I quickly discovered I wasn't the only person to think of this. Rob Woodall had looked at the problem in theory - discounting it as virtually impossible - while Chris Pearson had already made several unsuccessful attempts, with 18 Marilyns in 24 hours his best tally. (See TAC54, pp6-7.)
If I wanted to be the first person to do this, my only hope would be to get myself reasonably fit and to solve the non-trivial problem of working out a 24-hill route that might be linkable on foot within 24 hours.
I quickly whittled down the choices by selecting the Lake District, which has the advantage of good surfaces and plenty of paths. Eventually I found a route that felt just about possible for someone of my ability, but I was conscious that even this was still far bigger than anything I'd done before. So I kept telling myself that if it was only slightly longer than the BGR, then I should be OK.
Spring 2002 was spent reccying eight- or nine-hour sections with Kate Jenkins in heatwaves, rainstorms and deep snow. At the end of each stage I was shattered and couldn't imagine continuing for another 15 hours or so. It was during this time that two attempts were made at linking Pillar to High Stile before deciding this was a thoroughly bad and dangerous idea. These hills were deleted from my list and replaced with Baystones and the Eskdale Harter Fell - a switch which turned out to be the key to success.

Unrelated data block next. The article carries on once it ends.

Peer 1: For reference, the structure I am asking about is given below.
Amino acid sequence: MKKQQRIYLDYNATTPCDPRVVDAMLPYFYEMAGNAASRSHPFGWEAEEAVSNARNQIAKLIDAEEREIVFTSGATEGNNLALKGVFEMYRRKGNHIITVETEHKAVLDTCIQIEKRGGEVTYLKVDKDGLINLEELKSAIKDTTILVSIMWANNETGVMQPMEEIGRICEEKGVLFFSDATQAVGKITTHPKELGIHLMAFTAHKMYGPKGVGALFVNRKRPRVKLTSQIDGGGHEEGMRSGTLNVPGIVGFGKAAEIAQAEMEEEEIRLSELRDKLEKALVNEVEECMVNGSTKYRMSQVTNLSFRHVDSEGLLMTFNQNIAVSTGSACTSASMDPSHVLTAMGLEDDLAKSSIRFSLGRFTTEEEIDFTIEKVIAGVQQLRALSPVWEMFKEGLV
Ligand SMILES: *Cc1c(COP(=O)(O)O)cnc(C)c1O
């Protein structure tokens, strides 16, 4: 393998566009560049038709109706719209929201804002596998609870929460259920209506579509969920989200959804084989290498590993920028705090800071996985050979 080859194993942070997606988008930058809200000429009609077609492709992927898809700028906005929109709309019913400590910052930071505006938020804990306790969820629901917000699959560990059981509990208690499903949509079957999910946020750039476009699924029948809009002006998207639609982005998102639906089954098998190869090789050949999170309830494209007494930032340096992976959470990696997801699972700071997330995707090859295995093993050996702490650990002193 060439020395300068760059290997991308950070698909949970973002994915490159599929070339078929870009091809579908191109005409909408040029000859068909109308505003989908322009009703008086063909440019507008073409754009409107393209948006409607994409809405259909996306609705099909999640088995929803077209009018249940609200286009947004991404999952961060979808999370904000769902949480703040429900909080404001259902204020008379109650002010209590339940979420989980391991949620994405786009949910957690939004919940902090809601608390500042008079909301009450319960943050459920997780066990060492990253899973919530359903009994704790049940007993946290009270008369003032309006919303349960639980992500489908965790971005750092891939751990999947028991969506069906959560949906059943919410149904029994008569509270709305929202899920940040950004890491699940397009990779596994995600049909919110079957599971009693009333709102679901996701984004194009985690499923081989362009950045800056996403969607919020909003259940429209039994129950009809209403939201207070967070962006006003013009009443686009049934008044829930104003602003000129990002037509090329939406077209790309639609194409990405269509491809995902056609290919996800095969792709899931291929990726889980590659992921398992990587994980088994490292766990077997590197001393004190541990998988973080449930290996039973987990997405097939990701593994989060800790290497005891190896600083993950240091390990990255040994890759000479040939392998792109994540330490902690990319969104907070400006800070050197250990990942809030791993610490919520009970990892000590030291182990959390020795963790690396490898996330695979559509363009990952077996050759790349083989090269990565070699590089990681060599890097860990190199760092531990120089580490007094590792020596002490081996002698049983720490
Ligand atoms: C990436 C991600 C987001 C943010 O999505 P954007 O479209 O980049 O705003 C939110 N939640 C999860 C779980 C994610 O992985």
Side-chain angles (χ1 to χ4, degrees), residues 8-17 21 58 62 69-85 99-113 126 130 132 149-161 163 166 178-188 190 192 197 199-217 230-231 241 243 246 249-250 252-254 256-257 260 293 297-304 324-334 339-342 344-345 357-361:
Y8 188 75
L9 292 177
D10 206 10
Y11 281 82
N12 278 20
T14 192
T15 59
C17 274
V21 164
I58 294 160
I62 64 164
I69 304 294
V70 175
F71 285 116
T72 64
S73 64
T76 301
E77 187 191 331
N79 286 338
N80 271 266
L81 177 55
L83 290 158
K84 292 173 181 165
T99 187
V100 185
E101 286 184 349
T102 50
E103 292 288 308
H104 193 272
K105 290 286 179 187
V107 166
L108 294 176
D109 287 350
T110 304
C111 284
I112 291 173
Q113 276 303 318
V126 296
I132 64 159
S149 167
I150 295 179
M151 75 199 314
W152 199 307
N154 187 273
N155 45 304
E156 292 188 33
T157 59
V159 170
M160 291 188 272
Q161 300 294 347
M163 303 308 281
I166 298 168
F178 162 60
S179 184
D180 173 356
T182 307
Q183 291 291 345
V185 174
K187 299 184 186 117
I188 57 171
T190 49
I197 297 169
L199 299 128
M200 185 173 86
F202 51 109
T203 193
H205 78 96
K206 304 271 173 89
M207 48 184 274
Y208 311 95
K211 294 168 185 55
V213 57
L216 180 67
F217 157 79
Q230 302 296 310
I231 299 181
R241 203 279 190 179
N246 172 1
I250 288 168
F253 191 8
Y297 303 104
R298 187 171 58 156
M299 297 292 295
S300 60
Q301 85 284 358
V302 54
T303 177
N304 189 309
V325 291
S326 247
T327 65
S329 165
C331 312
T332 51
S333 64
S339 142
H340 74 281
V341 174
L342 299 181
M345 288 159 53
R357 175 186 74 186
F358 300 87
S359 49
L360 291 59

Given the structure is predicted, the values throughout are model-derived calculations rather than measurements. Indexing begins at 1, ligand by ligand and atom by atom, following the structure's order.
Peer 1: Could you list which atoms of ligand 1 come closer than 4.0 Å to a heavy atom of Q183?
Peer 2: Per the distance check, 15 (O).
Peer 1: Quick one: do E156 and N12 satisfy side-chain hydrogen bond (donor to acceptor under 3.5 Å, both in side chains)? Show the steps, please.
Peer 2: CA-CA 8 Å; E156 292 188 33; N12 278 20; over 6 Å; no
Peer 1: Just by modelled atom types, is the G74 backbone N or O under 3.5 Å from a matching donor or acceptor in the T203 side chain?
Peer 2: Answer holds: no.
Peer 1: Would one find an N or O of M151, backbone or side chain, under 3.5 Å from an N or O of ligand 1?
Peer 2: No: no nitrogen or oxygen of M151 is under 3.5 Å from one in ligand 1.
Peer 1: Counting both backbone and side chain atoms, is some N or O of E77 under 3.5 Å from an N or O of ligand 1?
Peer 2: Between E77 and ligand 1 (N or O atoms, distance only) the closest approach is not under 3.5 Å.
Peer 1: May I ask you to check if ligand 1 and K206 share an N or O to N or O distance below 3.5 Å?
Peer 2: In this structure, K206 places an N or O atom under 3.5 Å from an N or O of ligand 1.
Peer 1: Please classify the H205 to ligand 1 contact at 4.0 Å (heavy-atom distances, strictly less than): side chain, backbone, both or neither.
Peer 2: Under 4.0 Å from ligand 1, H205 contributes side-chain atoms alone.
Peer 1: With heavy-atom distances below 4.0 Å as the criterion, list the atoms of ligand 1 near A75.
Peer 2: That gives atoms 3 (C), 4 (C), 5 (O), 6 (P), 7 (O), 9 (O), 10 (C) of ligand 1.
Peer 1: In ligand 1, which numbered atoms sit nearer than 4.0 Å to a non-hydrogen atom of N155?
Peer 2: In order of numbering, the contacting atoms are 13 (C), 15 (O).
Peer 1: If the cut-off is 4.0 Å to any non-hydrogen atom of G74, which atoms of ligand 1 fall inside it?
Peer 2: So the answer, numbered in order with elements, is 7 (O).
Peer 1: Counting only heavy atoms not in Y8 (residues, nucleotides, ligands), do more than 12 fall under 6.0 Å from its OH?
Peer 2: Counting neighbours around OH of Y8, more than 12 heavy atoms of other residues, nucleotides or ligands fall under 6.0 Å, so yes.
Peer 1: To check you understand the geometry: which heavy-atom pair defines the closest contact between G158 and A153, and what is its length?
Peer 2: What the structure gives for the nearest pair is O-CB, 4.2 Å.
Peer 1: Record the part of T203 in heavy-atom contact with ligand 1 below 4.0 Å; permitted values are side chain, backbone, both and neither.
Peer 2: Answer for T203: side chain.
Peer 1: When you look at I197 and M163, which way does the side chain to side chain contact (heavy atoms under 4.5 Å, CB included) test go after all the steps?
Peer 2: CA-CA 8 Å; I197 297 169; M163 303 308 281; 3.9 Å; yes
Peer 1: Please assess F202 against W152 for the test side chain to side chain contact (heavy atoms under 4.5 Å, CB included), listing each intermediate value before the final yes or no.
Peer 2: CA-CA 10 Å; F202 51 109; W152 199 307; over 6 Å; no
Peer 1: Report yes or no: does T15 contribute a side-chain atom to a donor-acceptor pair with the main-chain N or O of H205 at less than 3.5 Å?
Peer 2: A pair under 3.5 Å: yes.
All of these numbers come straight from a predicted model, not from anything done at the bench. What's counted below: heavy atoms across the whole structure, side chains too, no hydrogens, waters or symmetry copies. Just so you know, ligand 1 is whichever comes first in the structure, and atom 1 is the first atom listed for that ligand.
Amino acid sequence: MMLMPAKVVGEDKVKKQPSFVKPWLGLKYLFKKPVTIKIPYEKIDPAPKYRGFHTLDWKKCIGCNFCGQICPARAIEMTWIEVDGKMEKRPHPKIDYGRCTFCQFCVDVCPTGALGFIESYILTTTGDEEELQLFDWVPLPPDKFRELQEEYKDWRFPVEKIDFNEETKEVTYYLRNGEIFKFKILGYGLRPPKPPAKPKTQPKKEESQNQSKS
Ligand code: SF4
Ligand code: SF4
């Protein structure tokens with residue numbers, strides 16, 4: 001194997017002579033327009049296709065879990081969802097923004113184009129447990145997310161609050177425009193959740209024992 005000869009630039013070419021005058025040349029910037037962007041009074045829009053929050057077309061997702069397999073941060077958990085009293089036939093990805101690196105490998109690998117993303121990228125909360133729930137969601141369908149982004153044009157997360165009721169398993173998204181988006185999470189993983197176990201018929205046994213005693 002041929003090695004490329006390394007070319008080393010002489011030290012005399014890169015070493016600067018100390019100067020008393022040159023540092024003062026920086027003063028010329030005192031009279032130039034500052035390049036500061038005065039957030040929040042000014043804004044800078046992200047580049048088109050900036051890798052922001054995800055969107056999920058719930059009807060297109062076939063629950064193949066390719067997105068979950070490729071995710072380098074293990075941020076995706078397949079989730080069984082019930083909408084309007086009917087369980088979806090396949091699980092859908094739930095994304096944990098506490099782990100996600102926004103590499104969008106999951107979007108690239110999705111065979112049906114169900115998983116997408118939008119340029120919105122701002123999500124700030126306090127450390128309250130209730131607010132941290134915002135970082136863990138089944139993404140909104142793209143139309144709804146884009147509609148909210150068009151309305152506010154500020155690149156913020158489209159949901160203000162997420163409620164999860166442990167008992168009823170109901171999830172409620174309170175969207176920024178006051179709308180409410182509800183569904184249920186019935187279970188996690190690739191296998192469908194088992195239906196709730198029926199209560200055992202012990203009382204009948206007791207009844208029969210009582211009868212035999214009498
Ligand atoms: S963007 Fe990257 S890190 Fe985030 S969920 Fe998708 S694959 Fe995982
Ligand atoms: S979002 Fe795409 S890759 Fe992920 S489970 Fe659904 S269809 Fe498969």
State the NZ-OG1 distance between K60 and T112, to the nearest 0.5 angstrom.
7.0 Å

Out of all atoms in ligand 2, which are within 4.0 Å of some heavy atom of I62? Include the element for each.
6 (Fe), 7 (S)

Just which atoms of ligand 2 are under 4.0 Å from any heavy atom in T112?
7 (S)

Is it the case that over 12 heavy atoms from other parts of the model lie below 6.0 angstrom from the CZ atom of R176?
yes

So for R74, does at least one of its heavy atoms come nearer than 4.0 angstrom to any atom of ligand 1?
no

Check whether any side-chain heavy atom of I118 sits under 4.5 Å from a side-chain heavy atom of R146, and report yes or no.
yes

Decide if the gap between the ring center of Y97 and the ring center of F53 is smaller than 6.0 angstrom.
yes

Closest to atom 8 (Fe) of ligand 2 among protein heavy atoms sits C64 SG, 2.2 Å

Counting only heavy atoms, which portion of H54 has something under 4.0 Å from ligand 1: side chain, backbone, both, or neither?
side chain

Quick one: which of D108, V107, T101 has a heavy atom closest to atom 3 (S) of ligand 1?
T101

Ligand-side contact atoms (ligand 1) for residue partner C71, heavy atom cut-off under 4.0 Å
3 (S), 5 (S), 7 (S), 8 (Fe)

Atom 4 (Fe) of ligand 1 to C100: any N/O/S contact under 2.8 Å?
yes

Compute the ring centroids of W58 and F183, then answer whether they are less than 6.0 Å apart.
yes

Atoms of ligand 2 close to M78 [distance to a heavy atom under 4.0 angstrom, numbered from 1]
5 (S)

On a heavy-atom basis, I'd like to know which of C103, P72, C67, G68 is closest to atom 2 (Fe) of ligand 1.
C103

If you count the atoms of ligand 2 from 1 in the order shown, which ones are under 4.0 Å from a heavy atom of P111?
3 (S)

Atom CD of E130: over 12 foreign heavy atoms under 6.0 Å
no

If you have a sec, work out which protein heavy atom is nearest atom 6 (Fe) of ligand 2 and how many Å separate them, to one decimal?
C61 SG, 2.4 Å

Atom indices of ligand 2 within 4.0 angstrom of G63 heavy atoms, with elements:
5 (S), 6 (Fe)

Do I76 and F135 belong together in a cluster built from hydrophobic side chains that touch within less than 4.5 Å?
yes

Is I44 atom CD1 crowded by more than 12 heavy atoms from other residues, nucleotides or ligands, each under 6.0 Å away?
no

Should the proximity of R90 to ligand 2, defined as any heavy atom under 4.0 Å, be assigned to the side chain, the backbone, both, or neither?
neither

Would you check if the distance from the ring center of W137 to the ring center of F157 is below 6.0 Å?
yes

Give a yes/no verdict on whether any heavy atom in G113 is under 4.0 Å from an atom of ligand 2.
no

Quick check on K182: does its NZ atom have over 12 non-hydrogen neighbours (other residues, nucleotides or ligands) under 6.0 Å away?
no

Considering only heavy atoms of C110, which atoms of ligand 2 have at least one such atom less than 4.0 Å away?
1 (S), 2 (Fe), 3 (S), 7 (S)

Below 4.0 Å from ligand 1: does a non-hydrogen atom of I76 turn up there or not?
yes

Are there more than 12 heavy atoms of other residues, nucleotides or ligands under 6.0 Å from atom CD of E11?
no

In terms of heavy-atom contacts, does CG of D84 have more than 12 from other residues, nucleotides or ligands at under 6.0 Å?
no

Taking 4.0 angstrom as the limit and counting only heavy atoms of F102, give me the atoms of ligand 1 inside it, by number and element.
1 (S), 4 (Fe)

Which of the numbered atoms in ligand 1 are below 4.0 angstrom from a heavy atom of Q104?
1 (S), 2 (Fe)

Kate and I made an attempt at Lakes24, as I was now calling it, in June 2002. We started at 1am, but abandoned after just two hills in torrential rain, low cloud and zero visibility. This only made me more determined for next time.
I pulled a hamstring training for 2003 London Marathon, but managed to hobble round in 3hr 13min thinking the road miles and suffering would do me good. Two weeks later I did the Yorkshire Three Peaks race, followed by the Scottish Island Peaks race, the Jura race and the Duddon Long on consecutive weekends. If that's not enough mileage, I thought, I don't know what is.